There Will Be Blood 

Four stars (R)

Thunderous, yet intimate, There Will Be Blood uses sweeping camera work and a bold, string-driven score to tell the story of a bully. Paul Thomas Anderson’s fifth feature — after Hard Eight, Boogie Nights, Magnolia and Punch-Drunk Love — occupies the No. 2 spot on my Best Movies of 2007 list. The film is audacious and compelling; though it runs for a whopping 158 minutes, my attention never flagged. Anderson’s production grabs you and doesn’t let go. The tone is often bleak, but the way he tells his story is exhilarating.

There Will Be Blood is not for everyone. Some people will come in expecting an epic along the lines of Citizen Kane or Giant and be disappointed when they realize that the big filmmaking techniques are used to present a small story. Some people may be bothered by the end of the story, which I found to be startling, nervy and perfectly appropriate.

Loosely based on Upton Sinclair’s 1927 novel, Oil, the film stars Daniel Day-Lewis, channeling John Huston in grand fashion, as a prospector turned oilman at the turn of the 20th century. Day-Lewis has already won several Best Actor awards from various groups and will win more, including the Oscar, most likely. Good for him. His technique in playing the character is ballsy. The John Huston business was risky, as was the size of the performance. He could easily have fallen on his face, coming off as a royal ham aping another actor. But his decisions are sound.

Speaking of sound, wait until you get a listen to the score, by Jonny Greenwood of Radiohead. The music is heavy on the strings, but not in the gloppy fashion employed by so many productions. These strings are aggressive, beguiling, plaintive, imposing and sometimes abrasive. Prominently positioned in the mix by Anderson, Greenwood’s score adds immeasurably to the atmosphere of the film.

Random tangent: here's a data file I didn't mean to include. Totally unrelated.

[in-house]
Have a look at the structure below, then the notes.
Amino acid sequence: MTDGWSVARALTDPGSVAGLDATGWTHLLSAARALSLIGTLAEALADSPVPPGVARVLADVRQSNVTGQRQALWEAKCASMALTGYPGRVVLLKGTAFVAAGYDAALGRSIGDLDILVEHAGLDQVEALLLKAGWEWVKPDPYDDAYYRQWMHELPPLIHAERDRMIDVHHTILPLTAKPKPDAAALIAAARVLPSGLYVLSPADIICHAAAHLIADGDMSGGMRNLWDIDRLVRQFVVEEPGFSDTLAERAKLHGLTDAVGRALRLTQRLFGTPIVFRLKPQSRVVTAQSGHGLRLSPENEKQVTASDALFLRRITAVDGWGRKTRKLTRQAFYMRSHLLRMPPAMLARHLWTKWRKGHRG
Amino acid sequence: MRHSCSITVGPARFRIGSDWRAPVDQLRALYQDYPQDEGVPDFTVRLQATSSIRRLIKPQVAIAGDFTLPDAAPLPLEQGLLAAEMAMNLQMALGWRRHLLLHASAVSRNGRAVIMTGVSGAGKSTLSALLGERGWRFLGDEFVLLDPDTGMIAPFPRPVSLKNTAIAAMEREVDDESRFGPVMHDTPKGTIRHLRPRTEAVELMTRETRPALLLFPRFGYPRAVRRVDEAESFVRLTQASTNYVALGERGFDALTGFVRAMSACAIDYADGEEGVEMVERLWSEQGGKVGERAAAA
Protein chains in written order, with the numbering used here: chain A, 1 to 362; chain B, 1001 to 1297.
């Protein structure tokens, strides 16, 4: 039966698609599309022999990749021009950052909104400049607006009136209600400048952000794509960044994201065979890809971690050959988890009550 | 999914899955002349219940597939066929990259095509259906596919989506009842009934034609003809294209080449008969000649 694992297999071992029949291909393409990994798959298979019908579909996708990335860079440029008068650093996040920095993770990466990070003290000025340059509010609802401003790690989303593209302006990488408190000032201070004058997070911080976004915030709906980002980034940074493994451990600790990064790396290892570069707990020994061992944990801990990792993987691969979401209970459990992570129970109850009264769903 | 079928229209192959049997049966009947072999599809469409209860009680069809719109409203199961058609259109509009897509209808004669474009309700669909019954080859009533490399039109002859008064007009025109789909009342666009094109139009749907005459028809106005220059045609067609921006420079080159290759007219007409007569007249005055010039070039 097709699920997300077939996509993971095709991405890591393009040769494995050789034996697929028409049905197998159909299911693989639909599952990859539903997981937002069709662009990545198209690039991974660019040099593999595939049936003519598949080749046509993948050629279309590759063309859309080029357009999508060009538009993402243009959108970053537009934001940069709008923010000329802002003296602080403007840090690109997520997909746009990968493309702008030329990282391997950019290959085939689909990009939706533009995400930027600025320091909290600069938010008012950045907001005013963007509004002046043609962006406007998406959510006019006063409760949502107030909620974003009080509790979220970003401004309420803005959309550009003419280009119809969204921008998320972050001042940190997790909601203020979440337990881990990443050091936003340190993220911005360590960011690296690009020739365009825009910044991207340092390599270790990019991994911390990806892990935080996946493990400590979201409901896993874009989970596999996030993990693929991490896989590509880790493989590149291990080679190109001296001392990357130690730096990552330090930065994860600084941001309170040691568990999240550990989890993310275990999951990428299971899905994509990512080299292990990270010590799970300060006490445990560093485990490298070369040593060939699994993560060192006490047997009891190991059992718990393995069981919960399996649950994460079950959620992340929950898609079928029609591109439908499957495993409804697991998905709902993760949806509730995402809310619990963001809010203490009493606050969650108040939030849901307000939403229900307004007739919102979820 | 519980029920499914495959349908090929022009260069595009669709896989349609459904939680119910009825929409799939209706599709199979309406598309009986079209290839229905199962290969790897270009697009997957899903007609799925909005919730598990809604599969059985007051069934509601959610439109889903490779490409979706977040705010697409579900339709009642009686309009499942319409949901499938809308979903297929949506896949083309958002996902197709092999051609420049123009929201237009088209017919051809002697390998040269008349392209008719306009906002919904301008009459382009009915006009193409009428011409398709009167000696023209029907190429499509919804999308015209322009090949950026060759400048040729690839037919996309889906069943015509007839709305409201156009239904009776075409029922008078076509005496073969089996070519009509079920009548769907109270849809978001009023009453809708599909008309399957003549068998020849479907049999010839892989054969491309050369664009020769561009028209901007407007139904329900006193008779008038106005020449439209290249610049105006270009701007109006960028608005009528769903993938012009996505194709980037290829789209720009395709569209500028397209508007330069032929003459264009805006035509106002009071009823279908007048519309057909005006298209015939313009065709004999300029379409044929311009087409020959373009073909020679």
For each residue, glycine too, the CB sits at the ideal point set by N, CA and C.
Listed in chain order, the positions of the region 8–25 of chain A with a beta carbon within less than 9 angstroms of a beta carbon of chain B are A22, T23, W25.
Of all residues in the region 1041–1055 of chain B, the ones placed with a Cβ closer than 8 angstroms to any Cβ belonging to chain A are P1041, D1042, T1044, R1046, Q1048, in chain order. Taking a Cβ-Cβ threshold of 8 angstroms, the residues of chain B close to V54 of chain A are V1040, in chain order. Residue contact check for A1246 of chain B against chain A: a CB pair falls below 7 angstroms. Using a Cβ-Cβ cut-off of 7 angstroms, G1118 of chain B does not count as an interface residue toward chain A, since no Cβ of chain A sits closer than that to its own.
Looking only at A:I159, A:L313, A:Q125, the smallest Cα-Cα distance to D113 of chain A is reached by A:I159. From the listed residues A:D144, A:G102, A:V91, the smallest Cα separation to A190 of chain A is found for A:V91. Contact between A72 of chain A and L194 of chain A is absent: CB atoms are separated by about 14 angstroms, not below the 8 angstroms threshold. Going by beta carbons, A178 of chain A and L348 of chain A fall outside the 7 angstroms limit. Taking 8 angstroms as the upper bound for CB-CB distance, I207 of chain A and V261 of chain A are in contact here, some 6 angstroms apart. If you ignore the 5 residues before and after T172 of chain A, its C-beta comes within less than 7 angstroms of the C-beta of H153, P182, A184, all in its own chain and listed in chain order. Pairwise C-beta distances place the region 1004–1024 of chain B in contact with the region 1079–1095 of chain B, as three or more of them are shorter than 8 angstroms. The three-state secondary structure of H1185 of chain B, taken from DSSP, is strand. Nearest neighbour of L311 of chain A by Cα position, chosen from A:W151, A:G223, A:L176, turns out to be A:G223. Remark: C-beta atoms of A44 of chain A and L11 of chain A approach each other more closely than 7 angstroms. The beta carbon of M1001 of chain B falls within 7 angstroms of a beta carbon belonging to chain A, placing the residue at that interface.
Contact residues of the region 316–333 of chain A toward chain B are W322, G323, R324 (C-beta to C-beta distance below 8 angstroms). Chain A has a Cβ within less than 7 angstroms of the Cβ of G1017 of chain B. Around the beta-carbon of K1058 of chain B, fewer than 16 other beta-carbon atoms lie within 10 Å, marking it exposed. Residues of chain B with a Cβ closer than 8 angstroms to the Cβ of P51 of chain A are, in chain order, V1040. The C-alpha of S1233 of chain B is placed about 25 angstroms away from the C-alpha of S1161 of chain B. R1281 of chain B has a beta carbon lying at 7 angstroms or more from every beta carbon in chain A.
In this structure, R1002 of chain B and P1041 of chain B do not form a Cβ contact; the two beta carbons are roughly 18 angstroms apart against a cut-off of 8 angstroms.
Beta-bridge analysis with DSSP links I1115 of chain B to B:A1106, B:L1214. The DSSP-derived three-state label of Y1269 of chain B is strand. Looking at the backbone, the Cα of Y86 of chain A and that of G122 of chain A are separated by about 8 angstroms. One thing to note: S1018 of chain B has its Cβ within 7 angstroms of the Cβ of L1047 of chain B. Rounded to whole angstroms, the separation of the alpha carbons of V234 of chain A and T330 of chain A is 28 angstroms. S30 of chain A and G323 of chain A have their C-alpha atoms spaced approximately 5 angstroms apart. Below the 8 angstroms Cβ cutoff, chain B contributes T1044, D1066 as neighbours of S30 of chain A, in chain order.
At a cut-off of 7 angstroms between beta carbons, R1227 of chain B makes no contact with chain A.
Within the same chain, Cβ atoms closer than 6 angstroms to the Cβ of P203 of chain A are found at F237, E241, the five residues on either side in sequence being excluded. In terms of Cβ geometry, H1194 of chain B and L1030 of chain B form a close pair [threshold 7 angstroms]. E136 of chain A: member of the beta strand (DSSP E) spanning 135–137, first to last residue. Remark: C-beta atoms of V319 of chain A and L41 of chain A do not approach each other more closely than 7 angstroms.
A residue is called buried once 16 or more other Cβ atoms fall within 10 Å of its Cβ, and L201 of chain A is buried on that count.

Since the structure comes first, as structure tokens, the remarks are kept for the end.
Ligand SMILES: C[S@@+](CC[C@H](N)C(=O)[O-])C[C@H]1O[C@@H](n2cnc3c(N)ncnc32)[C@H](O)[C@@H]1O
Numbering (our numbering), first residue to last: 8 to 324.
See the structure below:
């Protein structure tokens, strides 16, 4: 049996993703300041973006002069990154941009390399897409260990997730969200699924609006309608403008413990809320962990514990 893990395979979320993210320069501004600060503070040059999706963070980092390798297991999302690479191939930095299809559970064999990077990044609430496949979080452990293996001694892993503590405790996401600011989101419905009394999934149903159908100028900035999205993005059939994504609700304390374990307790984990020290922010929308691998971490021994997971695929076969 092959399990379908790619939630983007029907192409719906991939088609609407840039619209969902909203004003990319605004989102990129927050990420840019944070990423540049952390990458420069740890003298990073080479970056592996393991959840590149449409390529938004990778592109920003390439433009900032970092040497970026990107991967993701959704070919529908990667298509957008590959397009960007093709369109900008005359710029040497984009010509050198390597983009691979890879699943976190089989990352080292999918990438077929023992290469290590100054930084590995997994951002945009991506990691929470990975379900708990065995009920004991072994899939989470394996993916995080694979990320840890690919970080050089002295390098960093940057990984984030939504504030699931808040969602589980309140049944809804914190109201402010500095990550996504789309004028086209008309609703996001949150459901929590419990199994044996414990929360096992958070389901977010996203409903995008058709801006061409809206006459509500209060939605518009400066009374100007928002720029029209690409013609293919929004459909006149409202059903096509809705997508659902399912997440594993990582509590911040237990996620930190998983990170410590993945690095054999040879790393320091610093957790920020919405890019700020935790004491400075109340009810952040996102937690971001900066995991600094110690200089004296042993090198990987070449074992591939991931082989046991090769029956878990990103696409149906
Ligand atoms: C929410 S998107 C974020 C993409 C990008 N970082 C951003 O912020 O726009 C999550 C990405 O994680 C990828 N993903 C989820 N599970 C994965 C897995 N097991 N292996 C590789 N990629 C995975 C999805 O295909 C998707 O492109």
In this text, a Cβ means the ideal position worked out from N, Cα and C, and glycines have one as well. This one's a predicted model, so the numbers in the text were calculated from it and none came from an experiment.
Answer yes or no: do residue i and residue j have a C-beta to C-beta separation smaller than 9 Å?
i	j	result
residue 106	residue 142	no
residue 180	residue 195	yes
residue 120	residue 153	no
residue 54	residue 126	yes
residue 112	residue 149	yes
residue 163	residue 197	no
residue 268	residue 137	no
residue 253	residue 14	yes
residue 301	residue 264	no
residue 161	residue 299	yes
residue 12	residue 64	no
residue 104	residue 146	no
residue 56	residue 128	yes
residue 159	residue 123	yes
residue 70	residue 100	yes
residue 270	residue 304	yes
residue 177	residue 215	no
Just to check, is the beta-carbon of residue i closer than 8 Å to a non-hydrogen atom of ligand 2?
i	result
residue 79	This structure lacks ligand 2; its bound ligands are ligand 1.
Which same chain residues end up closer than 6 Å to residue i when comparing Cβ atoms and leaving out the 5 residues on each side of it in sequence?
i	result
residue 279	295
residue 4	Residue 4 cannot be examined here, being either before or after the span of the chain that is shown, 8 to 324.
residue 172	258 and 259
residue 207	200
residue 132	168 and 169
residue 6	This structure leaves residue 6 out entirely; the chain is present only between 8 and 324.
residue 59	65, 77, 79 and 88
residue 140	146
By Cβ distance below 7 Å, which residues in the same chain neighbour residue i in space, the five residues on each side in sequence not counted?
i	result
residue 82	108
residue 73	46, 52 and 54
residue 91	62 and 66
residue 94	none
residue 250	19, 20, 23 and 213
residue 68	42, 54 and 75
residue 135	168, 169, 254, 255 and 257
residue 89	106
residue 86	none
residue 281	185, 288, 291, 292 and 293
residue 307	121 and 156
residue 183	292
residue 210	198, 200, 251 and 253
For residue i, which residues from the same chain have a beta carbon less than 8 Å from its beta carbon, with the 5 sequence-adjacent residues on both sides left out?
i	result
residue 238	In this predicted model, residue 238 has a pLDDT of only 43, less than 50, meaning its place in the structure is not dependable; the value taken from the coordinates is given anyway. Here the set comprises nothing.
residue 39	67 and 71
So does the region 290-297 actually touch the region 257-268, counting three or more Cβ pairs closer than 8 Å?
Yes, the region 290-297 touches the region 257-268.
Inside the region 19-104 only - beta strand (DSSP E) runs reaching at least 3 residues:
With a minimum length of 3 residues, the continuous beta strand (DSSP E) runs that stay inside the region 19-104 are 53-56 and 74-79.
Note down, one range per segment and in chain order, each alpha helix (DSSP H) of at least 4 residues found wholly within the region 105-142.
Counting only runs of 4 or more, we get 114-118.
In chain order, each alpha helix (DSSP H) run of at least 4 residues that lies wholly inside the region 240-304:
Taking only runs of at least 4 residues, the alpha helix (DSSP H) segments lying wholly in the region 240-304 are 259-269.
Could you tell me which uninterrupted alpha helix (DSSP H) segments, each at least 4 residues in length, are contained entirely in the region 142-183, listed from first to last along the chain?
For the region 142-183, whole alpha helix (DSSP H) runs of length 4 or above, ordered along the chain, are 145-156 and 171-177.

The story introduces us to prospector Daniel Plainview (Day-Lewis), who finds oil in a wordless sequence that establishes the physicality of the movie. Thirteen years later, Plainview is building an empire, with his adopted son H.W. (Dillon Freasier) at his side, when he is tipped off to some oil-rich land. His purchase of said land is complicated when Eli Sunday (Paul Dano, the surly teen from Little Miss Sunshine), the son of the property owner, tries to force Plainview to support his church.

So the battle begins between the in-your-face bully Plainview and the moon-faced, more quietly manipulative Sunday. A few reviewers complained that Paul Dano is no match for Daniel Day-Lewis, failing to understand the dynamics of the characters. Eli Sunday is supposed to pale in comparison to Daniel Plainview. Sunday is the kid who gets thumped by bullies on the playground, but learns that they can be beaten by a quieter, more tricky approach. Plainview gets what he wants through his charismatic/demonic personality. Sunday gets what he wants by using the force of his position as an evangelical preacher to wheedle and threaten others.

Ultimately, There Will Be Blood is simply a tale of dueling schoolboys. Paul Thomas Anderson has made a strong, strange movie. It’s been weeks since I’ve seen it and I remember every scene.

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